In machines, operating systems (OS) provide the key to this communication and to effective HMT. An OS manages all other applications and programs in a machine’s computer and enables applications to interact with a computer’s hardware through a designated application programme interface (API). The OS manages hardware resources (e.g., CPU, memory); runs applications to enable user inactions and provides a user interface, usually a graphical user interface (GUI) through which the user interacts with the computer.

For drones and robots, several other critical systems come into play, such as a core autopilot and on-board companion computer that integrates flight controller, CPU, video encoder, GPU, Neural Processing Unit (NPU) and electronic speed controllers (ESCs).

To tackle current design challenges, the Defense Innovation Unit’s (DIU) Blue UAS Framework sources the type of safe, secure and reliable components that DoD requires for its drones. DIU on-ramps commercial off-the-shelf (COTS) systems through its Cleared List and, as part of its Foundry, engages with companies to modify its tech to meet DoD standards. As part of these efforts, DIU matches plug-and-play small drone components with systems on its Cleared List. Having a “Blue” component integrated into one’s system increases the chances of successful employment within DoD channels.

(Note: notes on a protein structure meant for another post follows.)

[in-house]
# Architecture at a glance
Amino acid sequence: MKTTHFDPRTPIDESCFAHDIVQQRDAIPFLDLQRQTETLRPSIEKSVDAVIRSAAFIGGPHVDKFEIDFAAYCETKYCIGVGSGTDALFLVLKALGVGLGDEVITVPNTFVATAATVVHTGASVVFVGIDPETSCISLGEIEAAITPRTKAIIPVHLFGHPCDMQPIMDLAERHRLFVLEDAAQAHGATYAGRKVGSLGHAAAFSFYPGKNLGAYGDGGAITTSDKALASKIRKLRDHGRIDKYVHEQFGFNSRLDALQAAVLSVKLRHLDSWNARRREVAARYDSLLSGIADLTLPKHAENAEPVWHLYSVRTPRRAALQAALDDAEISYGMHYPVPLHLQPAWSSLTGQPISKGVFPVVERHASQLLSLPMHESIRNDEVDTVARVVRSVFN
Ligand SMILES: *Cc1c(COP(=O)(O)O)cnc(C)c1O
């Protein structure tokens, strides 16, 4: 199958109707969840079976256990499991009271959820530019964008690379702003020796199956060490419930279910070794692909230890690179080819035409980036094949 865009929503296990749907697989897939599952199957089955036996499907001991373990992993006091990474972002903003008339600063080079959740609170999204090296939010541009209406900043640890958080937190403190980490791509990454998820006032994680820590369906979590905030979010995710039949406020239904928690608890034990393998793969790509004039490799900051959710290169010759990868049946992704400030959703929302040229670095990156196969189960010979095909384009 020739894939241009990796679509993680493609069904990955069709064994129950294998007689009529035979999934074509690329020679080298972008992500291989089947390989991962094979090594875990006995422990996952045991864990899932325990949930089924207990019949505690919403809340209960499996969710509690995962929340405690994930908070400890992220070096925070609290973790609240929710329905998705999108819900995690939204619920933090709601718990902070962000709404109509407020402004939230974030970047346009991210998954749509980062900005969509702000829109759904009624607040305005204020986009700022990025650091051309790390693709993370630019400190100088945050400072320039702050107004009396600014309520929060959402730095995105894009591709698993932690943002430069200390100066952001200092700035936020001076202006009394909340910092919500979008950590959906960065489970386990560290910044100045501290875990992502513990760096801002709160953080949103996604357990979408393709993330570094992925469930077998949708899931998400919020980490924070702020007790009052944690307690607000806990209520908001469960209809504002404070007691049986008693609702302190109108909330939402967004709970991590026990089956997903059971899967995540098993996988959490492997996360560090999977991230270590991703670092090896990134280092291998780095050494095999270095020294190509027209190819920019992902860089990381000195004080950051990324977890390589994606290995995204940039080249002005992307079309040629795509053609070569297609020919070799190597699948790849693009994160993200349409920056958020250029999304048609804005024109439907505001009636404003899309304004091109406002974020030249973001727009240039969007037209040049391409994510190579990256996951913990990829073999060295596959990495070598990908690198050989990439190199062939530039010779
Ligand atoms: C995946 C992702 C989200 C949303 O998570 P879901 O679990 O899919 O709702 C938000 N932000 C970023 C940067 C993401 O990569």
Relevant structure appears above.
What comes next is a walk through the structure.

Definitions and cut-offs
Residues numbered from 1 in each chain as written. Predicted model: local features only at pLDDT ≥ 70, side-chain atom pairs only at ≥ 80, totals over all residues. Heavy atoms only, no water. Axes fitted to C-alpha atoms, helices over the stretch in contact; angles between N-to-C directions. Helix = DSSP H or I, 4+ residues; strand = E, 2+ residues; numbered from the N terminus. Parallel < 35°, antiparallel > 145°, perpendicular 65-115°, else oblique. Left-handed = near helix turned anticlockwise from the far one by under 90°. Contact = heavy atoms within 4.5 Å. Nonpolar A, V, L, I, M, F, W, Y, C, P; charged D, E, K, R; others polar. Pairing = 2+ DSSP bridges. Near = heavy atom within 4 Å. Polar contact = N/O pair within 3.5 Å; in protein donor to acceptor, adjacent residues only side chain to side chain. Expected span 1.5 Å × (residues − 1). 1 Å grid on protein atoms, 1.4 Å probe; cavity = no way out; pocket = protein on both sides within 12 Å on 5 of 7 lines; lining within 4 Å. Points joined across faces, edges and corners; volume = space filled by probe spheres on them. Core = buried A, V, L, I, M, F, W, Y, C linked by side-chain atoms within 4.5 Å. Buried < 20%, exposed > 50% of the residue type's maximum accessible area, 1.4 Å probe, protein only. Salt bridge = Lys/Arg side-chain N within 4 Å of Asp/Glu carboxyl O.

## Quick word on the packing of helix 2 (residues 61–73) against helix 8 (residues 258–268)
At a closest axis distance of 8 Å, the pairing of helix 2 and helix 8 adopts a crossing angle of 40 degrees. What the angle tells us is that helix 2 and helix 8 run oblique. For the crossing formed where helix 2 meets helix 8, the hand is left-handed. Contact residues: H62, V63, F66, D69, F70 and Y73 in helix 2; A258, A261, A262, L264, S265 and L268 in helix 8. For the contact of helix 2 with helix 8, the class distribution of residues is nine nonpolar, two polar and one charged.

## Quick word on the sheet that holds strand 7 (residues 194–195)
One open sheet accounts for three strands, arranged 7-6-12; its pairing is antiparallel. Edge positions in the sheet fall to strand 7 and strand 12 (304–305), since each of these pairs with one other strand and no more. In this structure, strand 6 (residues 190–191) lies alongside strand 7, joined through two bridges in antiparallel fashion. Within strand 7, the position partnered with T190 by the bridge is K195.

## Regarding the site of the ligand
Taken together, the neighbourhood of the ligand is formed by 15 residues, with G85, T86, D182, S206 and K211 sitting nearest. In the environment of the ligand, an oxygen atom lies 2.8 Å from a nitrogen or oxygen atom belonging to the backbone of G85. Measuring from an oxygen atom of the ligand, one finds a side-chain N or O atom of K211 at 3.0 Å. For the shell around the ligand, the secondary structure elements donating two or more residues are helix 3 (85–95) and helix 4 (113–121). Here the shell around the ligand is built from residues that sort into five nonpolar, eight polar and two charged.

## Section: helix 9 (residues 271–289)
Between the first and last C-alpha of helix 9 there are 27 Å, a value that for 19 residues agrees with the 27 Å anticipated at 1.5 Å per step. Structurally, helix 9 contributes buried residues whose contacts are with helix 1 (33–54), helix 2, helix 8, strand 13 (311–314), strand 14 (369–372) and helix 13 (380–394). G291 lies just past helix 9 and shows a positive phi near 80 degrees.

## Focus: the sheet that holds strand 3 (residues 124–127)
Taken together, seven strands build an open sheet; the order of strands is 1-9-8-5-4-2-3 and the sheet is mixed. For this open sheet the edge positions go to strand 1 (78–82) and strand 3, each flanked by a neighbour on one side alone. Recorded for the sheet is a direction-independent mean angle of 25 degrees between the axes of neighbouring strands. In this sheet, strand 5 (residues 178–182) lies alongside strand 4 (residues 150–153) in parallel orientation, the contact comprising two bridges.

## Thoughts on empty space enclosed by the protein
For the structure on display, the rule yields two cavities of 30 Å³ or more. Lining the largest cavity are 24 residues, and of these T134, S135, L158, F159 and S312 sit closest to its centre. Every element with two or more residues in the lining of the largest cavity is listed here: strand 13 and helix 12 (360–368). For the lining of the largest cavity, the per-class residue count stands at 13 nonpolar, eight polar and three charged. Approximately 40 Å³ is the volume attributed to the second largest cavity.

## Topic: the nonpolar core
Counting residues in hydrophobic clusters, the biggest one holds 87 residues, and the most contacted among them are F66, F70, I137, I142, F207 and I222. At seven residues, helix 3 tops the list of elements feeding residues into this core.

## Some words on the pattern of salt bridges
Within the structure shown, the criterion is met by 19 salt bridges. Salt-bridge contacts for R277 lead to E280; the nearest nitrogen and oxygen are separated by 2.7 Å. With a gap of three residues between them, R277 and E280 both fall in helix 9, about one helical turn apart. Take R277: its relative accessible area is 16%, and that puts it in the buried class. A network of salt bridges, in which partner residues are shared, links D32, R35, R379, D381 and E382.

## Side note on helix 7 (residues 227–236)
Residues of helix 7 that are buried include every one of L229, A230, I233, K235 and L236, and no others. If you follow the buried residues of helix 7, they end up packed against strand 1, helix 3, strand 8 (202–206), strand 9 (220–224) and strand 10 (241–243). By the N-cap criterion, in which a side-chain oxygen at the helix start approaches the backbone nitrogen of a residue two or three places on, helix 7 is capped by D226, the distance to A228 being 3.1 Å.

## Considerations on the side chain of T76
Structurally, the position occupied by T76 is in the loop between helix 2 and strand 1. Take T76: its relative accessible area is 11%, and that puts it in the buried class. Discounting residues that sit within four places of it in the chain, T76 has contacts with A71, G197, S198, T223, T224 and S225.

Two autonomous drone companies, XTEND, creators of the immersive XTEND Operating System (XOS), and ModalAI, a California-based startup whose VOXL® family of autopilots, have joined forces to take HMT to the next level.

human machine teaming, drones for defense, XTEND, ModalAI

A Winning Combination

Founded in 2018, XTEND’s co-founders, Aviv Shapira (CEO) and Rubi Liani (CTO) originally planned to develop a mixed reality game with drones. Liani had previously founded Israel’s drone racing league and Shapira brought significant augmented reality/virtual (AR/VR) experience to the table.